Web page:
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Good afternoon everyone.

I would like to know the textbook answer to a network I've been asked to assist with.

I have an IT cupboard which serves the location as the MDF. I then have a variety of zones (A,B and C) throughout the location. Unfortunately there has been no consistent plan whilst installing cabling to these zones so you have a situation something like this:

MDF <---1x 60m---> "A" <---2x 10m---> "B" <---2x 5m---> "C"

All cabling is Cat6a.

Is the best option here to connect the MDF-A cable to one of the A-B cables, with A and C connecting to B? All switches at A, B and C are identical.

Pros of this approach, traffic from B and C has one fewer hop to reach the MDF and there are no areas more than 3 layers deep. Cons of this approach, traffic from A has one more hop to reach the MDF.

Any input you have is appreciated!

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  • Layer-2 doesn't have hops. Hops are a layer-3 concept. At layer-2, all hosts are connected as peers, and the frame survives unchanged from one host to another host. There is no TTL or any other way of counting hops in layer-2. – Ron Maupin May 30 '17 at 14:00
  • Hi Ron, I understand this. Hop count was put in quotation marks for this purpose but I will edit the title to avoid confusion – eto.ttnflt May 30 '17 at 14:02
  • Did any answer help you? If so, you should accept the answer so that the question doesn't keep popping up forever, looking for an answer. Alternatively, you could provide and accept your own answer. – Ron Maupin Aug 14 '17 at 4:24
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A best practice would be to use a pair of switches as the primary and secondary root switches, and all access switches are connected to both the primary and secondary root switches.

Daisy-chaining switches is a poor practice that introduces SPoFs (single-points-of-failure). The failure of one switch in the chain will orphan all the devices downstream of the failed switch.

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  • in an ideal world this is what I would be installing, however I cannot run new cable to the MDF which is where our WAN links terminate therefore I have to use what I have. There is the alternative of creating a loop A-B-C but that still gives you two SPoFs at MDF and A. The example I gave currently has SPoFs at MDF and B. – eto.ttnflt May 30 '17 at 14:22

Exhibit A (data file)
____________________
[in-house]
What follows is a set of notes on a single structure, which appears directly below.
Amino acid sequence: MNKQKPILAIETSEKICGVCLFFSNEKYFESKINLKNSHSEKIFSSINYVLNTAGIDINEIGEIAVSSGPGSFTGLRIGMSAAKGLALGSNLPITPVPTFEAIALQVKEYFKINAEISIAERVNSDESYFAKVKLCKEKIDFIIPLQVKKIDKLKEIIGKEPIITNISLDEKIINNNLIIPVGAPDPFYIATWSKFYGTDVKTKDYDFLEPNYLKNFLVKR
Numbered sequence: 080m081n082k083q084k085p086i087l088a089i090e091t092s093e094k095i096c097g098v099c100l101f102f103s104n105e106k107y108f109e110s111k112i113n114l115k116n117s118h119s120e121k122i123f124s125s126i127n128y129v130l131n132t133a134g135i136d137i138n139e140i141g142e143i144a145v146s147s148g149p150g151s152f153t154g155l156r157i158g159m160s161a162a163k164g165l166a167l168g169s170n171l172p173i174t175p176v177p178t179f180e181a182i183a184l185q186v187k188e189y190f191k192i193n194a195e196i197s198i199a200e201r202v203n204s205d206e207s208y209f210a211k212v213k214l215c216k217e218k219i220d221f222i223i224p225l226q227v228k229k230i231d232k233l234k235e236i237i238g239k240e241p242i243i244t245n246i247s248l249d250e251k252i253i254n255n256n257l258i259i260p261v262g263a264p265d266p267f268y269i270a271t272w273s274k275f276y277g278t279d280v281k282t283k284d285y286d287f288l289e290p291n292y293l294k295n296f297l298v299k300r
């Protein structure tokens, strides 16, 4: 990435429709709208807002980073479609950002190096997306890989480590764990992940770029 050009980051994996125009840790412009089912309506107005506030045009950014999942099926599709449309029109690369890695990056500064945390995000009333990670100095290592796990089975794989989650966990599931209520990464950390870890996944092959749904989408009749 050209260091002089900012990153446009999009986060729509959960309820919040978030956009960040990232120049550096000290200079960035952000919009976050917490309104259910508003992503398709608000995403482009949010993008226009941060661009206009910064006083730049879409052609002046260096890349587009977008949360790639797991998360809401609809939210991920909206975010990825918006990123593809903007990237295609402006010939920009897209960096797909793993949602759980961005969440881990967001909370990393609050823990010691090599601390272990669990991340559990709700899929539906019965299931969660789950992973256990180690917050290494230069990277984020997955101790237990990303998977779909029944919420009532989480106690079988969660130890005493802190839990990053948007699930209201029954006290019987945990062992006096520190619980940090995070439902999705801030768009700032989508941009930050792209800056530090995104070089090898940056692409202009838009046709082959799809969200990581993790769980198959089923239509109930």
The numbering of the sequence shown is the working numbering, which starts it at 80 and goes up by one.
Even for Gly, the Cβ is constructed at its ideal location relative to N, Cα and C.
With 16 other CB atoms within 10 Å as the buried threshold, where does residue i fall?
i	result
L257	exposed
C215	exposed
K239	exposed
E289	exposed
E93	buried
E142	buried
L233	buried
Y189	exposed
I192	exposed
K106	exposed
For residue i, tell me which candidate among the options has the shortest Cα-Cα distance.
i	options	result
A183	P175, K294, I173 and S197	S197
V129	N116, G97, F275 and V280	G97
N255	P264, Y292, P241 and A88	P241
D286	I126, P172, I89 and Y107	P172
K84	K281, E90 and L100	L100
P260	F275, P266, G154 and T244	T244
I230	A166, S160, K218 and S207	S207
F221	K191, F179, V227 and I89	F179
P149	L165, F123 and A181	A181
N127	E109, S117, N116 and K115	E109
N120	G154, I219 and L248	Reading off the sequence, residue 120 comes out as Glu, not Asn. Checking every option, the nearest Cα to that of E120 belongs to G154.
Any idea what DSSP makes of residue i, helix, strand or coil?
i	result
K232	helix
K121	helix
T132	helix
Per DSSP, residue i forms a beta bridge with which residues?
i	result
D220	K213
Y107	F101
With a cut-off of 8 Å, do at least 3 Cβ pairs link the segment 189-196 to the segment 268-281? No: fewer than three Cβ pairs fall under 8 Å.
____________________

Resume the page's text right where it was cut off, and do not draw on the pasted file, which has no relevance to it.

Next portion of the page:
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It's very common for environments to grow and have it built that way over time.

Each switch the packet will have to pass through is considered a hop as the individual switches have to process/tag/untag, unicast/broadcast packets, etc.

If you could direct connect your switches to the mdf with single-mode fibre, that would be a performance plus as you can upgrade to 10G or more. But that would have to be justified with a valid business case...

But in those unplanned environments where you have to piggy back from switch to switch with cat5e/cat6/cat6a/cat6a-shielded (mostly stuck with 1G per link due to distance) make sure your uplinks/downlinks are bonded in an etherchannel (or similar) and never go over the maximum number of hops.

Until you have your new fibre in place, I'd recommend to have a exact model spare switch on the side towards minimising downtime when one of the switches suffers from some fault.

For the hops, see this link from a manufacturer: www.cisco.com/c/en/us/support/docs/lan-switching/spanning-tree-protocol/19120-122.html

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